All About the Ampersand

The origin of the ampersand can be traced back to the Latin word “et,” meaning “and.” The E and the T that make up this word were occasionally written together to form a ligature (a character consisting of two or more joined letters). Writing the word this way saved the writer time, with one letter flowing seamlessly into the next – a form of cursive or joined up writing.

It’s impossible to say exactly when this symbol was first written down, but an early example has been found as graffiti on a wall in Pompeii, preserved by the eruption of Vesuvius in 79AD. It can be very difficult to trace the development of symbols over time, but with the ampersand the work has already been done for us, by one Jan Tschichold, a typographer born in Leipzig in 1902. Tschichold devoted an entire study to the development of the ampersand in his 1953 booklet “The Ampersand: Its Origin and Development,” where he collected hundreds of examples of the symbol throughout history, recording its development from the piece of ancient graffiti to the familiar ‘&’ used today. Within this collection are examples from the eighth century which are already recognizable as the modern ampersand.

For such an ancient symbol, the name ‘ampersand’ is surprisingly modern. First seen in the late 18th century, it comes from an alteration of “and per se and.”

Traditionally, when reciting the alphabet in English-speaking schools, any letter that could also be used as a word in itself (“A”, “I”, and, at one point, “O”) was repeated with the Latin expression per se (“by itself”). This habit was useful in spelling where a word or syllable was repeated after spelling; e.g. “d, o, g—dog” would be clear but simply saying “a—a” would be confusing without the clarifying “per se” added. It was also common practice to add the “&” sign at the end of the alphabet as if it were the 27th letter, pronounced as the Latin et or later in English as and. As a result, the recitation of the alphabet would end in “X, Y, Z, and per se and”. This last phrase was routinely slurred to “ampersand” and the term had entered common English usage by 1837. However, in contrast to the 26 letters, the ampersand does not represent a speech sound.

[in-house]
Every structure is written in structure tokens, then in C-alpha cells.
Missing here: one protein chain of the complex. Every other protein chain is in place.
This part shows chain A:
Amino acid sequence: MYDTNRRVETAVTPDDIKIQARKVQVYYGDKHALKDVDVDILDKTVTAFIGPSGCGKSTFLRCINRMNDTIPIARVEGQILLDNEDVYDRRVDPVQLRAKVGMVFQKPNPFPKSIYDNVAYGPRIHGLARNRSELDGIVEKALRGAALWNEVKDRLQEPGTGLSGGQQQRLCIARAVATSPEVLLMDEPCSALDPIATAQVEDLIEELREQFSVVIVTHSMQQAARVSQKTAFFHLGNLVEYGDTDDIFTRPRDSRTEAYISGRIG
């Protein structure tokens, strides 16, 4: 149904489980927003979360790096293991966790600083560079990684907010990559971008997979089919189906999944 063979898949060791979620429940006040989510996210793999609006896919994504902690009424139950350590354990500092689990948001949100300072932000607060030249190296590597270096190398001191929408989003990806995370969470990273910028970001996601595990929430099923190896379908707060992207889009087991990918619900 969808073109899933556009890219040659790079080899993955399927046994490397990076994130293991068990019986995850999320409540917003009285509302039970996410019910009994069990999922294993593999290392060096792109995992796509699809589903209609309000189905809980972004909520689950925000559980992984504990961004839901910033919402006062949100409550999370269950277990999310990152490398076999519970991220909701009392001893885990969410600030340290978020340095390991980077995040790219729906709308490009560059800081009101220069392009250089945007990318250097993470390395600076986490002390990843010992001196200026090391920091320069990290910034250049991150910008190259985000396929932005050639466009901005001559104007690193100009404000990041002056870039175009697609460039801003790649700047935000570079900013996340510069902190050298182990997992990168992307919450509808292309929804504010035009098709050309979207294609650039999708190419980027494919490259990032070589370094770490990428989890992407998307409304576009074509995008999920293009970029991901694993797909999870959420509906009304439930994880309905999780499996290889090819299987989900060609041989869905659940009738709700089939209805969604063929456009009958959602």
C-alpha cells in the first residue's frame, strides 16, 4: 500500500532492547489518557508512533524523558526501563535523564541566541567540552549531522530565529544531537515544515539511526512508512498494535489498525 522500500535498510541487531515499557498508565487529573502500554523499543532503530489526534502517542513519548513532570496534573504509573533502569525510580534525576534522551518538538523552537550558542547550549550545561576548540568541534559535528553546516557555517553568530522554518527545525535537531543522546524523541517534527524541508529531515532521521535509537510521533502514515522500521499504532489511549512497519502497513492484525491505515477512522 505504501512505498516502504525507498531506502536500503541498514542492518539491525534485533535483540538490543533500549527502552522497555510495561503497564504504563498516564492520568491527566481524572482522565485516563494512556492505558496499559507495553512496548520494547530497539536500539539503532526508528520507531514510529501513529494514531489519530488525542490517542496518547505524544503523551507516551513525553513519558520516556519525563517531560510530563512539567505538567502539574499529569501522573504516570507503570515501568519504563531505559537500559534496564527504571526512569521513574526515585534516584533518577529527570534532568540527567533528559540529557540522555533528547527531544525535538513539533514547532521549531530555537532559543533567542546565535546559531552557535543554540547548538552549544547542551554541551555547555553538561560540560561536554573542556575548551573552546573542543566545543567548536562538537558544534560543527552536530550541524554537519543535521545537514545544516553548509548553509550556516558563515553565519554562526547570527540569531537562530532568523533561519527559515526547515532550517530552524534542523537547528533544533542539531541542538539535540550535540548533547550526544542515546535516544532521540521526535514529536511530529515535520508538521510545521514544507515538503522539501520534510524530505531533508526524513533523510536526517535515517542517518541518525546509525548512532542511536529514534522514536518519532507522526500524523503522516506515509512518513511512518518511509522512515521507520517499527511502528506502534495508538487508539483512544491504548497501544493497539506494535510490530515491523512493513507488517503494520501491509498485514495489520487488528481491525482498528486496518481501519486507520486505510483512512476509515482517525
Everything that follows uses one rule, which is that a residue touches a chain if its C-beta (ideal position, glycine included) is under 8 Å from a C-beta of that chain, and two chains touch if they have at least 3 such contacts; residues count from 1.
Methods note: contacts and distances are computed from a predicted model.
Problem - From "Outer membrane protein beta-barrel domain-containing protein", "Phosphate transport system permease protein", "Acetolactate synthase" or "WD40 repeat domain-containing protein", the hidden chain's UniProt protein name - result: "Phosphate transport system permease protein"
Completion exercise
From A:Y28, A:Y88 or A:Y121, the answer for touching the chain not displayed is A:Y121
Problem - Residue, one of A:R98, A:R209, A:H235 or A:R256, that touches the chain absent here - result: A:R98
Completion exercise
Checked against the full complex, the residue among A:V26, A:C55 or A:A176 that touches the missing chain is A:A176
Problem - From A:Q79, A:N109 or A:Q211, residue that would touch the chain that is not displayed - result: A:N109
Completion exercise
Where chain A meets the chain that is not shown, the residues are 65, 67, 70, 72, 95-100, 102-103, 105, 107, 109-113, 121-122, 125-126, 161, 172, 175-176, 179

In everyday handwriting, the ampersand is sometimes simplified in design as a large lowercase epsilon (Ɛ) or a backwards numeral 3 superimposed by a vertical line. The ampersand is also often shown as a backwards 3 with a vertical line above and below it or a dot above and below it.

Ampersands are commonly seen in business names formed from partnership of two or more people, such as “Johnson & Johnson.”

The phrase et cetera (“and so forth”), usually written as etc. can be abbreviated &c. representing the combination et + c(etera).

The ampersand can be used to indicate that the “and” in a listed item is a part of the item’s name and not a separator (e.g. “Rock, pop, rhythm & blues, and hip hop”).

The ampersand may still be used as an abbreviation for “and” in informal writing regardless of how “and” is used.

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